Giacobazzi Yañez in front of the New York City skyline the morning before UN meetings.
Photos by Giacobazzi Yañez
Photos by Giacobazzi Yañez
ISU Student Journeys to United NationsSpring 2011 Issue | By Giacobazzi Yañez
In February of 2010, I discovered Guatemalan President of the Mayan National Council of Elders, Don Alejandro Cirilo Oxlaj in a documentary project created by Stephen Michael Copeland called "Shift of the Ages." Due for release in 2011, the film tells an inspiring story about Don Alejandro's mission in sharing his message as he travels across the world representing the Mayan nation. His messages of social uplift and Indigenous wisdom had such an intrinsic effect on me that I wanted to fight for the same causes he and other Indigenous cultures face. Little did I know at that time that I would soon be in his presence and at the center of the events that were to take place in New York City.
On Oct. 8, 2010, Don Alejandro addressed the United Nations. I had the privilege of taking part in this historic event, which included two additional Mayan elders, Hunbatz Men and Don Pedro Pablo Chuc Pech, who represent the Yucatan Mexico region of Mayan elders. Also making an appearance was the aboriginal Grand Elder, Bob Randall from Australia.
President of the Mayan Council of the Elders Don Alejandro Cirilo Oxlaj, between his wife Elizabeth Araujo and aboriginal Grand Elder Bob Randall.
Don Alejandro, driven by the Mayan prophecies foretold by his ancestors and their ancient calendars, has been heading up a global movement to unify tribes, spiritual, and Indigenous leaders.
"We the Maya are very much present," said Don Alejandro. At 82, he has been traveling the world for more than 30 years, spreading his message of hope, peace, love for Mother Nature, and, most importantly love for ourselves.
This has not been an easy road for the 13th generation Q'uiche Maya High Priest and for many years now, one of his greatest obstacles is removing the ignorance that the ending of the Mayan long count calendar near December 21, 2012 is not the end of the world. The ancient Mayan calendar is currently in its fifth period of the sun. This is equal to one full cycle of the long count calendar, which is approximately 5,200 years. We are completing this great cycle and beginning of what the Mayans call "the year zero." Don Alejandro made it clear to the audience that they have documentation of the four previous periods of the sun left behind from his ancestors.
With so many people fixed on the idea of death and destruction, it takes personal effort from the elders to explain that their prophecies are not meant to frighten the world. The fear from this general perception has permeated the globe evoking a range of reactions. Hollywood and non-Mayan scholars have much to blame for this negative depiction. The elders voiced out that the end of their calendar signifies a renewal and awakening for humanity.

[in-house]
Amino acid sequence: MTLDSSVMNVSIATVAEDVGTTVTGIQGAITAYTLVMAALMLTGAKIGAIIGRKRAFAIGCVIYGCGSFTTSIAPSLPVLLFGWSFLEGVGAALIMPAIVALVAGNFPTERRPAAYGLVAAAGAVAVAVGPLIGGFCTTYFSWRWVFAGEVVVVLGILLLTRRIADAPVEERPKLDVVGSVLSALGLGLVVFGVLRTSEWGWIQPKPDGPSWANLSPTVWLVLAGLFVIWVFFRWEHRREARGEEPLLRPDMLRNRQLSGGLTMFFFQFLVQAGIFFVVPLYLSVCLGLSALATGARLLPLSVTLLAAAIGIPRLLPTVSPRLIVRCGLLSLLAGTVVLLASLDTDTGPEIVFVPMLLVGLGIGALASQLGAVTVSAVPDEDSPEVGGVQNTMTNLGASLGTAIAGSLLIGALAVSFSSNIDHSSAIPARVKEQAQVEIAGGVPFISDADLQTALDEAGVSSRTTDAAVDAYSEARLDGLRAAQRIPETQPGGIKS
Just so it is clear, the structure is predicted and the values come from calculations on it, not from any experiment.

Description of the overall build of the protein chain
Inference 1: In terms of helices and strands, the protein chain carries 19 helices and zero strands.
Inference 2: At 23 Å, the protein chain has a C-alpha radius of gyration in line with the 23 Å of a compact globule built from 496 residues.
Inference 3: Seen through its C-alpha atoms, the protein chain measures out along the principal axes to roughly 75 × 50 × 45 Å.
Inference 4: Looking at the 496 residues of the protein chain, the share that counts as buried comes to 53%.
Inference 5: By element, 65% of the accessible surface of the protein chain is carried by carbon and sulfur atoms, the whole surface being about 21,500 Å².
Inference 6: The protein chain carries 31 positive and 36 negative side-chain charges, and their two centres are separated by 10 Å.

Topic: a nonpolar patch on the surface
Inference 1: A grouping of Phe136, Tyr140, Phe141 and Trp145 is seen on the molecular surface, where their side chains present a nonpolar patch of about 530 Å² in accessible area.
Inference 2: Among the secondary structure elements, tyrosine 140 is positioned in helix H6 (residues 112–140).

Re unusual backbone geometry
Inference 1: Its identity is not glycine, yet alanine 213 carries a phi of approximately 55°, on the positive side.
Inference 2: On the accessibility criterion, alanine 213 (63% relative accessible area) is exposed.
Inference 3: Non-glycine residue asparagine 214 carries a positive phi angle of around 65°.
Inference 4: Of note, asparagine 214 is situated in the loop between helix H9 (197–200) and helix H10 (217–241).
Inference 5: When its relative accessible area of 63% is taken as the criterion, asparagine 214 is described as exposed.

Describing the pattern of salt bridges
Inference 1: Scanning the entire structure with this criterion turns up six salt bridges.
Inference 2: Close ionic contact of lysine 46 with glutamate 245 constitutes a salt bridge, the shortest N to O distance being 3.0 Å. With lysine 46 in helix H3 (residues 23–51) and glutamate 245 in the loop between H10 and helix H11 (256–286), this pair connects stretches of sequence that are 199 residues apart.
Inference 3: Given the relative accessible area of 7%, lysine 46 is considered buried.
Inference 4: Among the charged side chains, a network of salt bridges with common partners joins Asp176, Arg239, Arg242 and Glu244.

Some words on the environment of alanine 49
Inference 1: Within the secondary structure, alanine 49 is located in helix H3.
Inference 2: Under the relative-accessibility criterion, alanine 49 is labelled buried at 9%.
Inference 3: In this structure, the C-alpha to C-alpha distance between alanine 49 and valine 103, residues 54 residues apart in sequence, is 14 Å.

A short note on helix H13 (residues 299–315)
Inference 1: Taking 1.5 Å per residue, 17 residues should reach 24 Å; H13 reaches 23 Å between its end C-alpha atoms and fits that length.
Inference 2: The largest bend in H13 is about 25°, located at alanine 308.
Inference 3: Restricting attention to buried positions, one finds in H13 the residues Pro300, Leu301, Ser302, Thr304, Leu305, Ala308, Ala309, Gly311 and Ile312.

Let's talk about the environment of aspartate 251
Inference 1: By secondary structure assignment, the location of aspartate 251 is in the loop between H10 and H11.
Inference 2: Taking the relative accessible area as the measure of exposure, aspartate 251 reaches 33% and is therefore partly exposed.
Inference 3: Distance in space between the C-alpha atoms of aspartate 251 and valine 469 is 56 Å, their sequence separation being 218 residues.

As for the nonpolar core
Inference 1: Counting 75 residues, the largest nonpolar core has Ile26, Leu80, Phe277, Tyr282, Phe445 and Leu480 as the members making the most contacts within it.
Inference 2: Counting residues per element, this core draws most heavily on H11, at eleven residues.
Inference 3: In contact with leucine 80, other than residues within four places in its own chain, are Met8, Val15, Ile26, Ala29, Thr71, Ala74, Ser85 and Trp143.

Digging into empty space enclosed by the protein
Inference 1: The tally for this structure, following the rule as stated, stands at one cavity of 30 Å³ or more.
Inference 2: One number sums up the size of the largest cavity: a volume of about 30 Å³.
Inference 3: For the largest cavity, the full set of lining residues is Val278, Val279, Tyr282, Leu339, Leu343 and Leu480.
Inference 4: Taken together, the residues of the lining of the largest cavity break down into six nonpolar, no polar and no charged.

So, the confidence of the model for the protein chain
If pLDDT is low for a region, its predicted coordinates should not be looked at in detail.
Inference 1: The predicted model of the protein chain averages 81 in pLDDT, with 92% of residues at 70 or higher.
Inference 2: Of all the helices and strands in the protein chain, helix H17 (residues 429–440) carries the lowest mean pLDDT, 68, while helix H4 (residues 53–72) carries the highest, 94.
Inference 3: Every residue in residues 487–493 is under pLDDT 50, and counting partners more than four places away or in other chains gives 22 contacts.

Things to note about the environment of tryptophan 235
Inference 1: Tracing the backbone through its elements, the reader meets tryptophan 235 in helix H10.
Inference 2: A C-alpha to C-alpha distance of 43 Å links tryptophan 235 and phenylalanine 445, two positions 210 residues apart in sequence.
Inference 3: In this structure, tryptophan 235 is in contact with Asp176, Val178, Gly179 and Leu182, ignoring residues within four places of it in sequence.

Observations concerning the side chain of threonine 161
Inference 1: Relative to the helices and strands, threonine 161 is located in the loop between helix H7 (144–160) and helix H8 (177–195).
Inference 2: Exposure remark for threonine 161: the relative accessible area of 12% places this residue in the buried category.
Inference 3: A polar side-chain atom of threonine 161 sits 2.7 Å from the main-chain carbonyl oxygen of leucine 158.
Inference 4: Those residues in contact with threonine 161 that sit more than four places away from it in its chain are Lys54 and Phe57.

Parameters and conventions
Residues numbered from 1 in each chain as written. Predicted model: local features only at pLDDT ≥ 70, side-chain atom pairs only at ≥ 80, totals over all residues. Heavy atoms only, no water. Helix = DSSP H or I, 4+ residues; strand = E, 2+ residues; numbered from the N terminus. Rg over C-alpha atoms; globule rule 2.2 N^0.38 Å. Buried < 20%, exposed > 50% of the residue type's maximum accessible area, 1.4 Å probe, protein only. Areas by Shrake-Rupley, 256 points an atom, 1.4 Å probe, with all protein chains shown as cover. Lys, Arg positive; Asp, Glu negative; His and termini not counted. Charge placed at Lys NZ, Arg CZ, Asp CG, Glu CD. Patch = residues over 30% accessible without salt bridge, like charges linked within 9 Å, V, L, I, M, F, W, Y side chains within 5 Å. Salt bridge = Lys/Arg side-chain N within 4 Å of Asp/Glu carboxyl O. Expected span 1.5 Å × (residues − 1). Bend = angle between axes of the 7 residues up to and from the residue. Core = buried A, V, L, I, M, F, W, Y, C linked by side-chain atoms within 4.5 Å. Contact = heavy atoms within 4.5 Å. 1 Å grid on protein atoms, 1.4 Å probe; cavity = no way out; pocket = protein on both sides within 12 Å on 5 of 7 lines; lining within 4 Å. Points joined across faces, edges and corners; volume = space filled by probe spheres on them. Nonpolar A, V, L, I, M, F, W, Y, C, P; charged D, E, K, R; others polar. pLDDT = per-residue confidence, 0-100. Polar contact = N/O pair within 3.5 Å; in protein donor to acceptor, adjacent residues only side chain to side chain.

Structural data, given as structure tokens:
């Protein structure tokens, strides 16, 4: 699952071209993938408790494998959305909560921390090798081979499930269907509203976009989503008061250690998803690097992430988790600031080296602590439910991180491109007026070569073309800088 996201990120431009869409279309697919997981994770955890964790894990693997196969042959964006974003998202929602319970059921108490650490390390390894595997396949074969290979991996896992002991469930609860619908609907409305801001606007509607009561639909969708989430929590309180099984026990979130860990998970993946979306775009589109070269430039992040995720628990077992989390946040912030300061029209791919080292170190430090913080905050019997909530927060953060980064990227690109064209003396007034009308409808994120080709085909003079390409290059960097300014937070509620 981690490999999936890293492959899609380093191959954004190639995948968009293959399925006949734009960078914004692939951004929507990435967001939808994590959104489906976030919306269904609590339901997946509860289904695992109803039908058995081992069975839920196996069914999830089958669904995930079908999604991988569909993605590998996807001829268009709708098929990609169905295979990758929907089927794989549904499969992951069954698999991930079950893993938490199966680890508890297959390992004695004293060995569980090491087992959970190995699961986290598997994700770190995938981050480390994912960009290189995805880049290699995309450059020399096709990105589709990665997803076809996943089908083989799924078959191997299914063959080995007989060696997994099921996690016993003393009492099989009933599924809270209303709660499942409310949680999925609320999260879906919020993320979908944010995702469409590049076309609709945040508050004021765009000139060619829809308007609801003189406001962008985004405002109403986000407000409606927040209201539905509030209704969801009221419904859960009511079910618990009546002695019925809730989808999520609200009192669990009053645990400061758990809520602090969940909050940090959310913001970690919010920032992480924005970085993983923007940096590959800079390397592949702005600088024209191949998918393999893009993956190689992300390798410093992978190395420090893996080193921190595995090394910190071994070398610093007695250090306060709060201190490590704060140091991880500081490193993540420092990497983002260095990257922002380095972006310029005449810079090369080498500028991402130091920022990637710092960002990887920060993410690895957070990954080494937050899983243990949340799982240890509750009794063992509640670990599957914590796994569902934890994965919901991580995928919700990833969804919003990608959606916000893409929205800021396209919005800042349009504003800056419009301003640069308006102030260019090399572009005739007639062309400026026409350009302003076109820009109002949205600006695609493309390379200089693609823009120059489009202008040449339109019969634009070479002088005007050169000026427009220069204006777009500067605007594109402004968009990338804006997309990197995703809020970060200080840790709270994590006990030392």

I was unaware of the elders' visit at the UN until two weeks prior to the date. By chance I heard of this event on a radio program. Instantly I knew I had to attend to see and hear what the Elders had to say to understand their beliefs better. I wanted to conduct my own research and spread their knowledge based on the observations I made. I intended to capture the significance of this invitation for the Elders and what the public response would be. In my pursuit of establishing contacts, I solidified access to the UN with permission to document on video. My next big task was to approach ISU and ask if they would be willing to sponsor my trip. Through my concerted efforts, I gathered support from multiple departments in sponsorship to fund my travel expenses, making this trip possible.
When I arrived I was instantly accepted with open arms from the organizers of the events and liaisons of the Mayan Elders. The days that followed were entwined with serendipitous moments from witnessing these elders speak at the podium to meeting them personally, and exchanging dialogue. Thanks to my parents, who insisted I speak Spanish and understand my Mexican culture, I was able to communicate with the elders sharing a common language without the need of interpreters.
I learned valuable skills and lessons through this experience that broadened my horizons beyond what a textbook or a classroom setting could provide. As an undergraduate major in anthropology with minors in Spanish and mass communication, this experience gave me a new sense of purpose with my education.
Besides gaining much from this professional experience, on a personal level the elders reminded me how easily we forget our role as humans on Earth.
"We must treat this world as caretakers, not owners of the land," Randall said.